Eastside Preps: Softball swings into action
It was the perfect day to play softball — sunny, light breeze, fans in the stands, and two Mt. Hood Conference teams excited to be competing in a season that was in doubt a few months ago.
On Wednesday, April 14, Barlow hosted Centennial for a softball showdown. And though the result was lopsided, with the Bruins cruising to a 10-0 victory, there was excitement in the air as the student athletes were happy to be back out on the field.
Some were able to play summer and fall ball with club teams, but Centennial coach Steve Baker said it's a different feeling being able to represent your school.
"It's fun to be out there running the bases," Baker said. "We are happy anytime the kids can be active and playing."
The Eagles have an experienced group this season, with four seniors who have been playing varsity since their freshman year.
"They provide great leadership and continuity," Baker said.
In Centennial's first game, they downed Wilson 10-0. It was a strong showing from junior lefthanded pitcher Anissa McGowan, who didn't give up any hits, notched six strikeouts and only walked one.
The bats also came alive during the game — Ellie Greene and Alexis Henderson both had two hits, while senior Trinity Miller ended it with a two-run homerun. For the game she had six RBIs, an impressive performance from an athlete who tore her ACL her sophomore year and missed last year with the pandemic.
"I was pleased to see Trinity have a stellar start to her senior year after sitting for so long," Baker said.
Things didn't go as well for Centennial against Barlow, which has been tabbed as one of the top softball programs in the state this year. The Bruins won with a flurry of hits throughout the lineup, solid field play and a pitching clinic from sophomore Brylee Haga.
Barlow has already proven they can win a nail-biter as well. In the opener they held off a late rally on the road by Roosevelt to win 5-4.
Even in the loss against Barlow, there were bright spots for Centennial. It looked like the home team was going to mercy-rule the Eagles much earlier, collecting seven runs through the bottom of the third. But Centennial began to make plays defensively, avoiding errors that set them back early, and McGowan found her footing on the mound.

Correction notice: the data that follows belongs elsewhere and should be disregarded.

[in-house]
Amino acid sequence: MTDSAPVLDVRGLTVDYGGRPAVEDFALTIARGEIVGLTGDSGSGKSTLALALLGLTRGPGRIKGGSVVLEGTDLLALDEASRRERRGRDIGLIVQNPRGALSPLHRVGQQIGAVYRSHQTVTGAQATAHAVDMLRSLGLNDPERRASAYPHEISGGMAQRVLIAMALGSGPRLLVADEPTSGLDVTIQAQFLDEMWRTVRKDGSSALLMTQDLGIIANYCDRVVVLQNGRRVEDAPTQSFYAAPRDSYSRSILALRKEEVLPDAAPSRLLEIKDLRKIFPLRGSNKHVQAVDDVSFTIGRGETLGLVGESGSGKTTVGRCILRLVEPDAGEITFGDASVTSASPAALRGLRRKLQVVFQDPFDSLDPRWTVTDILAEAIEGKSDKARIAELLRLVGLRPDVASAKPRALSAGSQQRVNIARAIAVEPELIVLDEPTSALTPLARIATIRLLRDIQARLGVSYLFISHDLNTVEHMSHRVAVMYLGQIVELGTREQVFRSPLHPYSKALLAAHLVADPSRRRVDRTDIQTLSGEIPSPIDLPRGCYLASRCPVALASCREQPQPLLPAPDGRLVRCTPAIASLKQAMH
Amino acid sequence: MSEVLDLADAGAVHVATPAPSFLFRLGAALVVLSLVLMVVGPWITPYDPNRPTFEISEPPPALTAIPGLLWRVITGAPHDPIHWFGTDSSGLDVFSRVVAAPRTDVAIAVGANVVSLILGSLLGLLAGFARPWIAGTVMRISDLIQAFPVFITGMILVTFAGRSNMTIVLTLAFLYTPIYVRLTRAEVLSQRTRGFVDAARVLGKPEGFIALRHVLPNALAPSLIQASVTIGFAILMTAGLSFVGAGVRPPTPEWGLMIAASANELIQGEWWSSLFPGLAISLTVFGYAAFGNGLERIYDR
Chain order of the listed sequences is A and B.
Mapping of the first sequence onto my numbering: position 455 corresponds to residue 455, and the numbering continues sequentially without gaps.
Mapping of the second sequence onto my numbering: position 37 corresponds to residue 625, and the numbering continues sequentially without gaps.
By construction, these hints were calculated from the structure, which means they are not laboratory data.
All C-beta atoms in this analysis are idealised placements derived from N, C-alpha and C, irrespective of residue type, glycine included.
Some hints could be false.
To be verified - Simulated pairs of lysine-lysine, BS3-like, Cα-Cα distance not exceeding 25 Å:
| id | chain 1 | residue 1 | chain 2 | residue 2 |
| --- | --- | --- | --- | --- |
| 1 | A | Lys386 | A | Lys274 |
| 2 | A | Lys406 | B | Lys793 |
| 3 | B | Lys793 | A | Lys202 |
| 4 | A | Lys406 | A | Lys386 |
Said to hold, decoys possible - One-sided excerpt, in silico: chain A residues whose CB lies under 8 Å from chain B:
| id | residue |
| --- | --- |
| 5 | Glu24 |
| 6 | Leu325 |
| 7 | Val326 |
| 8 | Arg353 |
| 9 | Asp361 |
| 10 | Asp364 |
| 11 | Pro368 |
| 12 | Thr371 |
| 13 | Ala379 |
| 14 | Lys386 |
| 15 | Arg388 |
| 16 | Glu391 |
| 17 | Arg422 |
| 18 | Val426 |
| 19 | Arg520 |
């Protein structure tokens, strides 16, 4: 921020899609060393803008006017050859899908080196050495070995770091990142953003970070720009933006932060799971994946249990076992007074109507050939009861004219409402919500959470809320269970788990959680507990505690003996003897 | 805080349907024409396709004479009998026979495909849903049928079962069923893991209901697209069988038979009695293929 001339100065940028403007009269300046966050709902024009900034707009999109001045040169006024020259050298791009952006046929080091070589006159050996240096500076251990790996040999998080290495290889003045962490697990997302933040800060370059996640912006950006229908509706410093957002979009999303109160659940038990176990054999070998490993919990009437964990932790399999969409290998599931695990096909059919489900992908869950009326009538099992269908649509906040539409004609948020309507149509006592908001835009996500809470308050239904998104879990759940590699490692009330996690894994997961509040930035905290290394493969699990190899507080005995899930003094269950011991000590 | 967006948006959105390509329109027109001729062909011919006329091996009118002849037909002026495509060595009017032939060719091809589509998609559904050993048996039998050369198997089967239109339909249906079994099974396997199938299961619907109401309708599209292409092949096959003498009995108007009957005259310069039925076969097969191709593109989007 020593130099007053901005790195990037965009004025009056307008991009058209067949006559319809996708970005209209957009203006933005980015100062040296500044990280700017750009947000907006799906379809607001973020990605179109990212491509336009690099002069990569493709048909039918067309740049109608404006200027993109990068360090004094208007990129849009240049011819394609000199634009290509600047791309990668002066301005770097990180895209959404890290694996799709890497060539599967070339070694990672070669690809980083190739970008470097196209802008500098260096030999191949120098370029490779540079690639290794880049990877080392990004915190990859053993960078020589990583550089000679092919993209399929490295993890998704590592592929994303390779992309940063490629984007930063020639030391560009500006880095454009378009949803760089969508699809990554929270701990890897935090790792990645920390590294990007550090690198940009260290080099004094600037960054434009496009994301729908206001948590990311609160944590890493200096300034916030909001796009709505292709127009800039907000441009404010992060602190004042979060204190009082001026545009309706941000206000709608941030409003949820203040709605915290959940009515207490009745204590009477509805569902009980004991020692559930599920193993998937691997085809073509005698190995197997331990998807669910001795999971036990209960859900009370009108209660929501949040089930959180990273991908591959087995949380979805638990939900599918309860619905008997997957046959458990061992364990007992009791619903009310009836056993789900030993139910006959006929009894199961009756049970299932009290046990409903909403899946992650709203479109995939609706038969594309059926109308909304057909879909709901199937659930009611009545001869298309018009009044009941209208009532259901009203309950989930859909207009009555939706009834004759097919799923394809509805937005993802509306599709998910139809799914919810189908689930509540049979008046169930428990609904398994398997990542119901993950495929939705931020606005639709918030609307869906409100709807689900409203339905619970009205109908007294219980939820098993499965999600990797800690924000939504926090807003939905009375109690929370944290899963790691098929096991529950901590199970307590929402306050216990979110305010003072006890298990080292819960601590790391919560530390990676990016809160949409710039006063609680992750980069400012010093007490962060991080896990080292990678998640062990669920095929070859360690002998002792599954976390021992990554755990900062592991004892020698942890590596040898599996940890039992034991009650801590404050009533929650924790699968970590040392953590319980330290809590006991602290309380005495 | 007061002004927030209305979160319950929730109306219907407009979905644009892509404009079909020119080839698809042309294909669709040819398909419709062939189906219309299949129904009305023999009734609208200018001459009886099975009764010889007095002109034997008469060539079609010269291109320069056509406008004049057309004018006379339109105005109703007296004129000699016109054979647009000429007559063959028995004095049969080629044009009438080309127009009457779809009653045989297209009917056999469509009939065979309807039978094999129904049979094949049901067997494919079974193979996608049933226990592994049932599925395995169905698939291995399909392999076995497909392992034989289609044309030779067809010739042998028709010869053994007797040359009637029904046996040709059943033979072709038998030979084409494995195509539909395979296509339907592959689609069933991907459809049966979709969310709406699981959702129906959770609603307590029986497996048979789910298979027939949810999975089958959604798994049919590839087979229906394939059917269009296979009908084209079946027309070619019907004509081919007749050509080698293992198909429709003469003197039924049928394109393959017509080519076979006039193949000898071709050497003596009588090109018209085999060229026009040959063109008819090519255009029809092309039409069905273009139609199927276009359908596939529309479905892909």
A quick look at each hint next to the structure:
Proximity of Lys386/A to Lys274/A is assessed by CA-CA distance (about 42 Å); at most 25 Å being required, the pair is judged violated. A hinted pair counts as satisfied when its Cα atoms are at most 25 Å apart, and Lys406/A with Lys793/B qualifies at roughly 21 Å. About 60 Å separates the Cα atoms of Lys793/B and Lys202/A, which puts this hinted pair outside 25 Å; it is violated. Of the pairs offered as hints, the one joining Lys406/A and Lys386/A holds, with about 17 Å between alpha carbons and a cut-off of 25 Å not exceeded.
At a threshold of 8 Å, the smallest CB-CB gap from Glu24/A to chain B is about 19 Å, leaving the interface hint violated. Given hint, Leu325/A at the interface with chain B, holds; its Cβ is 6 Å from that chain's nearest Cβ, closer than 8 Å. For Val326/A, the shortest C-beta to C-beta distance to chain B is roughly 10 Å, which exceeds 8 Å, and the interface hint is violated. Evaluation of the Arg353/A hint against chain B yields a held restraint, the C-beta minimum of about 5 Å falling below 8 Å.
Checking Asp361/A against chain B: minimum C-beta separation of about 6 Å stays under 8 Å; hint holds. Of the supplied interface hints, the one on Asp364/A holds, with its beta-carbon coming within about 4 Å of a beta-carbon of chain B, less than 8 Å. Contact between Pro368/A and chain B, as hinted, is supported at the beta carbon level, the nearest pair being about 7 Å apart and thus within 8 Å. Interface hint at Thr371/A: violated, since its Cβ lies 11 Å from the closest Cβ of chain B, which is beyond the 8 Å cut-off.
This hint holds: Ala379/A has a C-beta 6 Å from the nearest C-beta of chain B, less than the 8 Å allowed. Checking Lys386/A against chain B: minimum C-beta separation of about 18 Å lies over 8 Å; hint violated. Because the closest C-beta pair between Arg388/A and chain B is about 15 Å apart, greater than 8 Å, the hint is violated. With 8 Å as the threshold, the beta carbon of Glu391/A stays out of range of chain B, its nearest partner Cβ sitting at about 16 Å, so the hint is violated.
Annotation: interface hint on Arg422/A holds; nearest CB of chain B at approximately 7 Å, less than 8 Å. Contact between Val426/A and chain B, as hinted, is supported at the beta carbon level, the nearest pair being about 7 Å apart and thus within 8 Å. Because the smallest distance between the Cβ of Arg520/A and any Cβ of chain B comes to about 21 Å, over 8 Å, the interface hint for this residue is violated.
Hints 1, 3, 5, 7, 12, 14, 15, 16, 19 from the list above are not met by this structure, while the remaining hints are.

Finally, in the bottom of the sixth, the Bruins put the game away. Kylie Nuttall, senior, hit one deep up the middle, bringing home two runners to clinch the victory. Barlow also won its third game Friday, April 16, beating Gresham 14-2.
"Every game we are going to go out and compete, develop and take advantage of this opportunity," Baker said.
Sandy softball is looking forward to the challenge of eventually taking on the top teams in the conference, like Barlow.
"We are a young team with some really good leaders," coach Kayla Grahn said. "Our ultimate goal is to grow this program, make our girls better athletes, teammates and people — and also win some games."
Though they had been communicating via email and social media before the spring, the team was happy to finally put names to faces with so many young players on the roster who had never suited up for the Pioneers before.
"We were rusty, and sore after the first few practices," Grahn said. "But the girls were excited to be around each other."
The strength of the Pioneers is the pitching, with three rotating at the mound. Senior McKenna Rattray and junior Abby Bradley take the majority of the pitches, while sophomore Eris Winchester will occasionally get some pitching reps while mainly starting at first base.
Sandy only has two seniors — Rattray and Haylee Lutz — but already they have taken a crucial mentorship role on the team. Grahn has been impressed with their early attempts to pull players aside to share tips and positivity.
The Pioneers split their first two games — losing 5-0 against Wilsonville and then winning a close 5-4 game against Reynolds.
"For the season our focus is to get better between games," Grahn said. "Sports and school are so crucial in general — we will honor the time we have together because you never know when things will change."
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